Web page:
Abe’s Cabinet to pursue revision of 10 laws in collective defense push


The government plans to ask the Diet for approval this fall to revise more than 10 laws to enable Japan to exercise the right to collective self-defense, a government source said.

Prime Minister Shinzo Abe’s Cabinet plans to focus on amending existing legislation, rather than attempting to draft new overarching laws spelling out the basic principles of the major change he is seeking in national security policy, the source said Saturday.

Abe is expected to make a final decision on whether to lift the self-imposed ban on collective self-defense before the Diet closes for the summer on June 22.

Japan has long maintained that it has the right to collective self-defense, but cannot exercise it due to the limitations of the war-renouncing Constitution, which under Article 9 forbids the use of force to settle international disputes and allows only the minimum force necessary to defend the nation.

A panel of security experts appointed by Abe to study the issue of collective self-defense are likely to propose, in a report to be completed in April, that the ban be lifted.

But as part of his drive to alter the nation’s defensive posture, Abe has said Cabinet approval alone will be enough to change the government’s current interpretation of the pacifist Constitution, raising concern across party lines that he is making light of Diet debate.

The planned revision of more than 10 laws would enable Japan to defend allies under armed attack, even if Japan itself is not attacked. Current law limits the Self-Defense Forces to a purely defensive role.

The 10 laws include those concerning how to deal with contingencies in areas surrounding Japan, piracy and U.N. peacekeeping operations.

The government aims to use the amendments to clarify how Japan will respond to foreign military attacks, counter contingencies in view of North Korea’s nuclear and missile development programs, and participate in peacekeeping and anti-piracy missions overseas.

Due to time considerations, as well as political realities, Tokyo is leaning toward trying the legal revisions first, rather than attempting to get Diet approval for two new major pieces of combat-related legislation, the source said.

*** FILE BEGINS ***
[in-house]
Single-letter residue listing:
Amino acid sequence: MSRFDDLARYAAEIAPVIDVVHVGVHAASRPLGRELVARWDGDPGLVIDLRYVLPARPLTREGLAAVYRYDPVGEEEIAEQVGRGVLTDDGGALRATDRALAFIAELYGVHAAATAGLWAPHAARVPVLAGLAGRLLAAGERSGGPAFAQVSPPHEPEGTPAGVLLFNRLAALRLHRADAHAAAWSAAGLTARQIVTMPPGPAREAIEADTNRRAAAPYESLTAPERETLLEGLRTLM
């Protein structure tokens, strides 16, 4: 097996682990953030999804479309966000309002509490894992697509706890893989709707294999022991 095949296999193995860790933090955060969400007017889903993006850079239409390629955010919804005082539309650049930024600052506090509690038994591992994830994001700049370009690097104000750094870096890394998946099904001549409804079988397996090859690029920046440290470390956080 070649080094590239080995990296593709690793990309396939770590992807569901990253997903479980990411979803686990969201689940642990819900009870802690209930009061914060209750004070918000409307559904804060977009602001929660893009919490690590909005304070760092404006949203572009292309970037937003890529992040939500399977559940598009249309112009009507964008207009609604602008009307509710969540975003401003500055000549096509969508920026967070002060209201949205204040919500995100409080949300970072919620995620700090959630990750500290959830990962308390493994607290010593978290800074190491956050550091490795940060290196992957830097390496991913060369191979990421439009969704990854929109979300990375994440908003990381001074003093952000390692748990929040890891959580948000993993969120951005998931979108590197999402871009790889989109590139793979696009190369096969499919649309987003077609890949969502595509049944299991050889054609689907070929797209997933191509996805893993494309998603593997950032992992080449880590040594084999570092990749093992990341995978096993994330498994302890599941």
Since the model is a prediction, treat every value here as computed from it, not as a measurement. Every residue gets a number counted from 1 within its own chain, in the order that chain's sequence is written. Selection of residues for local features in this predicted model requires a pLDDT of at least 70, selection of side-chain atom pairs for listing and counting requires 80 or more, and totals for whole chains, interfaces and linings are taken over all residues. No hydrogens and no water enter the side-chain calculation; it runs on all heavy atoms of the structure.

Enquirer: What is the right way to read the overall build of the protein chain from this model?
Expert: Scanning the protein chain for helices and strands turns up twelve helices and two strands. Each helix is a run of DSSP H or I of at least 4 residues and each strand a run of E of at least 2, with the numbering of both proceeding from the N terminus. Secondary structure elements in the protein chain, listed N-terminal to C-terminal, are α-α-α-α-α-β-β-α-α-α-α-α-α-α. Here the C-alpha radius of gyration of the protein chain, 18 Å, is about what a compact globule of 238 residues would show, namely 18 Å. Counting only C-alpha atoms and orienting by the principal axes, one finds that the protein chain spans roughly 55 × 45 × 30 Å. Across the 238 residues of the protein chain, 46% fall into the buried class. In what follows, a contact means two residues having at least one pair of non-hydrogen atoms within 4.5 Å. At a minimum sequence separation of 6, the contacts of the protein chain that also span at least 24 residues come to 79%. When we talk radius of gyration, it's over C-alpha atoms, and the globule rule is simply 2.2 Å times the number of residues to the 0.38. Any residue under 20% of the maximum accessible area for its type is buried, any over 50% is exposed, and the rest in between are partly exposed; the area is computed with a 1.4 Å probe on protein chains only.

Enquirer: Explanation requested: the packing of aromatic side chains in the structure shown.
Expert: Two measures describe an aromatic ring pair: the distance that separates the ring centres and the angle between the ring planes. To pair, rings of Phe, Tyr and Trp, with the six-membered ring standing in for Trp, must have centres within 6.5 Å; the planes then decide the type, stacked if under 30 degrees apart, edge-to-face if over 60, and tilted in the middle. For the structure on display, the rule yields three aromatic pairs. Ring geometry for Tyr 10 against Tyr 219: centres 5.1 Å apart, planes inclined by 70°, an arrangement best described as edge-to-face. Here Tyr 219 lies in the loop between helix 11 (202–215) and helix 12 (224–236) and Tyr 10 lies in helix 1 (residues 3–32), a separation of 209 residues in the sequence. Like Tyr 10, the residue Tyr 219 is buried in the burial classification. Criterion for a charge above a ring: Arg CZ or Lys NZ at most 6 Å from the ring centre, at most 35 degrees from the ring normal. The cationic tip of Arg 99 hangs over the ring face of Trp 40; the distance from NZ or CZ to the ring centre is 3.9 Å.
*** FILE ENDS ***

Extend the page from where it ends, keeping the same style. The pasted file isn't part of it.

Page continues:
Those two bills would include a basic national security law, and another setting out procedures for using the right to collective self-defense.

Japan and the United States are set to revise their defense cooperation guidelines by the end of the year, and the expected removal of the ban on collective self-defense would affect how the SDF and U.S. military cooperate on security challenges, the source noted.

  • zer0_0zor0

    Seems like another stealthy attack on the legal system, attempting to erode and slowly undermine the authority of Article 9.

    Collective defense could be a legitimate issue, in which case open debate would be called for before proposing any such revisions of laws.

    The article mentions “piracy”, as being a concern to be addressed, but that would seem to fall under more of an action being taken against non-nation state actors that are committing criminal acts. Already the concept of “self-defense” as defined in the Constitution is practically distorted beyond recognition, not to mention “international disputes”.

  • bq70

    Although not as blatant as Barak Obamas government refusing to keep certain laws and trying to implement new ones via executive order, the root seems to be the same, executive branches trying to ignore the legislative.

  • sparkystiltskin

    Japan, like every other country on Earth should have a right to defend itself.
    It’s amazing to me that only other nations that lost world War II have standing armies with the right to attack. Please note that those countries are also surrounded by somewhat modernized democracies and European allies. Japanning other hand faces A fickle and unstable North Korea and a corrupt juggernaut known as China, it would be foolish not to shore up their defensive capabilities and make it known that they will defend themselves if necessary and will attack if provoked.

    • Sam Piehl

      Japan already does have a defensive force as allowed under the current constitution.